Love Is In the Air (Virtually)

It may be a far cry from a dream wedding, but those wishing to tie the knot in California will be allowed during the coronavirus COVID-19 pandemic. On Thursday, Governor Newsom signed an executive order which allows adults to obtain a marriage license or hold a wedding ceremony via video conference. The Executive Order is effective for 60 days following the issuance of the Order, unless extended at a later date. Read the Order here for details.


Upcoming Hearing of the California Tax Credit Allocation Committee (CTCAC), Changes to Affordable Housing Tax Credits in Fire Disaster Counties

On Thursday, May 7th the California Tax Credit Allocation Committee (CTCAC) will hold a public hearing on regulation changes to distribute $100 million in additional low-income tax credits for fire disaster counties, including eight RCRC member counties. CTCAC will present an overview of the changes, answer technical questions, and accept public comments at the hearing as well as in writing until the close of business on May 18th. The hearing notice and details can be found here, and the regulation changes are here. Previously, California State Treasurer Fiona Ma announced CTCAC’s intent to clarify the regulations to ensure these disaster tax credits are distributed to areas hardest hit by recent wildfires, see here.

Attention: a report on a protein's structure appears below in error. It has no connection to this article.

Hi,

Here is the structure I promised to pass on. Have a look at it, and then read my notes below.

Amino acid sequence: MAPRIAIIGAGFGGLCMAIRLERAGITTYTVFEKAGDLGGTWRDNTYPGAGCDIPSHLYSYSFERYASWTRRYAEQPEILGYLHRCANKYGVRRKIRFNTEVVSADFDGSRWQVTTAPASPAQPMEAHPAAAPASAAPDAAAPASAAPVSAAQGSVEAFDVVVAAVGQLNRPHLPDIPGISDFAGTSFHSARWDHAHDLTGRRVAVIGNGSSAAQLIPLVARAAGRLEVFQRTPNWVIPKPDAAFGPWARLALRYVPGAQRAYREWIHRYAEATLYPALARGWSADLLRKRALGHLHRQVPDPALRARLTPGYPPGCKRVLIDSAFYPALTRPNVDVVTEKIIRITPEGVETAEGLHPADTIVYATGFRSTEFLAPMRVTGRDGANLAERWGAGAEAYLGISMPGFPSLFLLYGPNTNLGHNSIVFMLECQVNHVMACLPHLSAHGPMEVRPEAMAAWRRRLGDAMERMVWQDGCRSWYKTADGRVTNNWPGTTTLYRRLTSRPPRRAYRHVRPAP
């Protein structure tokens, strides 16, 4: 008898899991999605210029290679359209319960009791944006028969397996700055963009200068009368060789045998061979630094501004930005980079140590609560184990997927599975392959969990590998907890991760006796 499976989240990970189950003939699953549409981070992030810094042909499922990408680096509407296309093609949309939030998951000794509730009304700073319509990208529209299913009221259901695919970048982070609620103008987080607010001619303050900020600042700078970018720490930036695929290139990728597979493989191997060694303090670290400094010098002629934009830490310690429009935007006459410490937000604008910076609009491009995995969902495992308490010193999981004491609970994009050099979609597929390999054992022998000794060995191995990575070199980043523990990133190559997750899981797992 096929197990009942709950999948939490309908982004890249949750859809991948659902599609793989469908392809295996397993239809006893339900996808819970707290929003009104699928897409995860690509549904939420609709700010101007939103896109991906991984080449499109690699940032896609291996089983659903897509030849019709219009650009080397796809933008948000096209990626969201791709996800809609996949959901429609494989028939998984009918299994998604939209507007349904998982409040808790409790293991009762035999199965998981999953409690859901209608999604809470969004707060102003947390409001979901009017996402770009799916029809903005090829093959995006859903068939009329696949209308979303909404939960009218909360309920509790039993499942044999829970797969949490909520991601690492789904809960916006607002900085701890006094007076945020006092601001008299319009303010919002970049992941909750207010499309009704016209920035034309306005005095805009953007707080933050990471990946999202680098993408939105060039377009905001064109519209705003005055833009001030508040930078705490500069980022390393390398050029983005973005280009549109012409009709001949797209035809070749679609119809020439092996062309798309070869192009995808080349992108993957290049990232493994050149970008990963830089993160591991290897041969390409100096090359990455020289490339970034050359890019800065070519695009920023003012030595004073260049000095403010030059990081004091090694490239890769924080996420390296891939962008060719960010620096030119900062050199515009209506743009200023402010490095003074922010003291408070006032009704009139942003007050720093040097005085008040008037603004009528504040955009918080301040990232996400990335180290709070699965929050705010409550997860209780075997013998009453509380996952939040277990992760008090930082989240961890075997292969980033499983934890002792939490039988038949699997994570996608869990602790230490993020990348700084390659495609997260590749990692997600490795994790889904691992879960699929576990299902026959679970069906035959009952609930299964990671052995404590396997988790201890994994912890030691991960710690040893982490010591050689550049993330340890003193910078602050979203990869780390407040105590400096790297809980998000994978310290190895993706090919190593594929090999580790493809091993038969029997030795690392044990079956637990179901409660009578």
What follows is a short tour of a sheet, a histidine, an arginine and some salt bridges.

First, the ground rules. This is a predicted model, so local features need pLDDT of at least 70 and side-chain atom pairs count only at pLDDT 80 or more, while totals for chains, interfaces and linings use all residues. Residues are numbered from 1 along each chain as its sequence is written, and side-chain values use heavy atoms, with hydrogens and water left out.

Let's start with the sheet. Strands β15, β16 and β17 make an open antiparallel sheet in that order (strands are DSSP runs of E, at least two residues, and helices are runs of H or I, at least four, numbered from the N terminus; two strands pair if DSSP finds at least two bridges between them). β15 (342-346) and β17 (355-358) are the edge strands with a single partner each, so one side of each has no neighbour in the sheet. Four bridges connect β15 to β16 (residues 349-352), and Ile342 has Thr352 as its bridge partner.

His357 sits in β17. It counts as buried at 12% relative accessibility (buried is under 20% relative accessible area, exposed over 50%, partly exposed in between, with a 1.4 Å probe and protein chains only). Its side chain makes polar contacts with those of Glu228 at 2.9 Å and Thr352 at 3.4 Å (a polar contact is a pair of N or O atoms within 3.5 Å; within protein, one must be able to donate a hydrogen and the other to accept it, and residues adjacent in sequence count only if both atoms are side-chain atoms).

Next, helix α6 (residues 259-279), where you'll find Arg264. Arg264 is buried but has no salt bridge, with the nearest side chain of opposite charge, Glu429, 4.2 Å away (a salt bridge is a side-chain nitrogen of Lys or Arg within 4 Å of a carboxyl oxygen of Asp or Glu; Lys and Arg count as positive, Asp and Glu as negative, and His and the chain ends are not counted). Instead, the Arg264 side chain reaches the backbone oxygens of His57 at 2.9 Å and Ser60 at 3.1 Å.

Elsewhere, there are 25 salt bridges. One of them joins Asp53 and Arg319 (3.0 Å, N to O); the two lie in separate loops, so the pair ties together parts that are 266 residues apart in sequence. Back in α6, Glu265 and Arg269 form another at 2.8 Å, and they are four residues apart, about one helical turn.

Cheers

Last year, legislation from Congressman Mike Thompson (D-Napa) provided $100 million in affordable housing tax credits for California counties in 2017 and 2018 disaster areas. These funds are designed to assist rebuilding efforts in communities located in Butte, Lake, Los Angeles, Mendocino, Napa, Nevada, Orange, San Diego, Santa Barbara, Shasta, Sonoma, Ventura and Yuba Counties which suffered devastating losses due to the Camp Fire, Tubbs Fire, Thomas Fire, and Mendocino Complex Fire.


PG&E Announces Weekly Public Webinars on Wildfire Safety and PSPS Mitigation Efforts

PG&E announced a schedule of public webinars at which it will provide information on local Public Safety Power Shutoff (PSPS) and wildfire safety efforts, including how it will make PSPS events smaller in size and shorter in duration, efforts to install new grid technology and harden electrical infrastructure, and enhanced vegetation management activities.

Webinars will take place on Wednesdays from 5:30 p.m. to 6:30 p.m. The first webinar for Butte, Plumas, and Lassen Counties took place on April 29, but upcoming webinars are scheduled as follows:

  • May 6 – Sonoma and Napa Counties (sign up here)
  • May 13 – Placer, Nevada, and Sierra Counties
  • May 20 – Colusa, Yolo, and Solano Counties
  • May 27 – El Dorado, Amador, and Calaveras Counties
  • June 17 – Mendocino and Lake Counties
  • June 24 – Santa Cruz, Monterey, and San Benito Counties
  • July 1 – Humboldt, Trinity, and Siskiyou Counties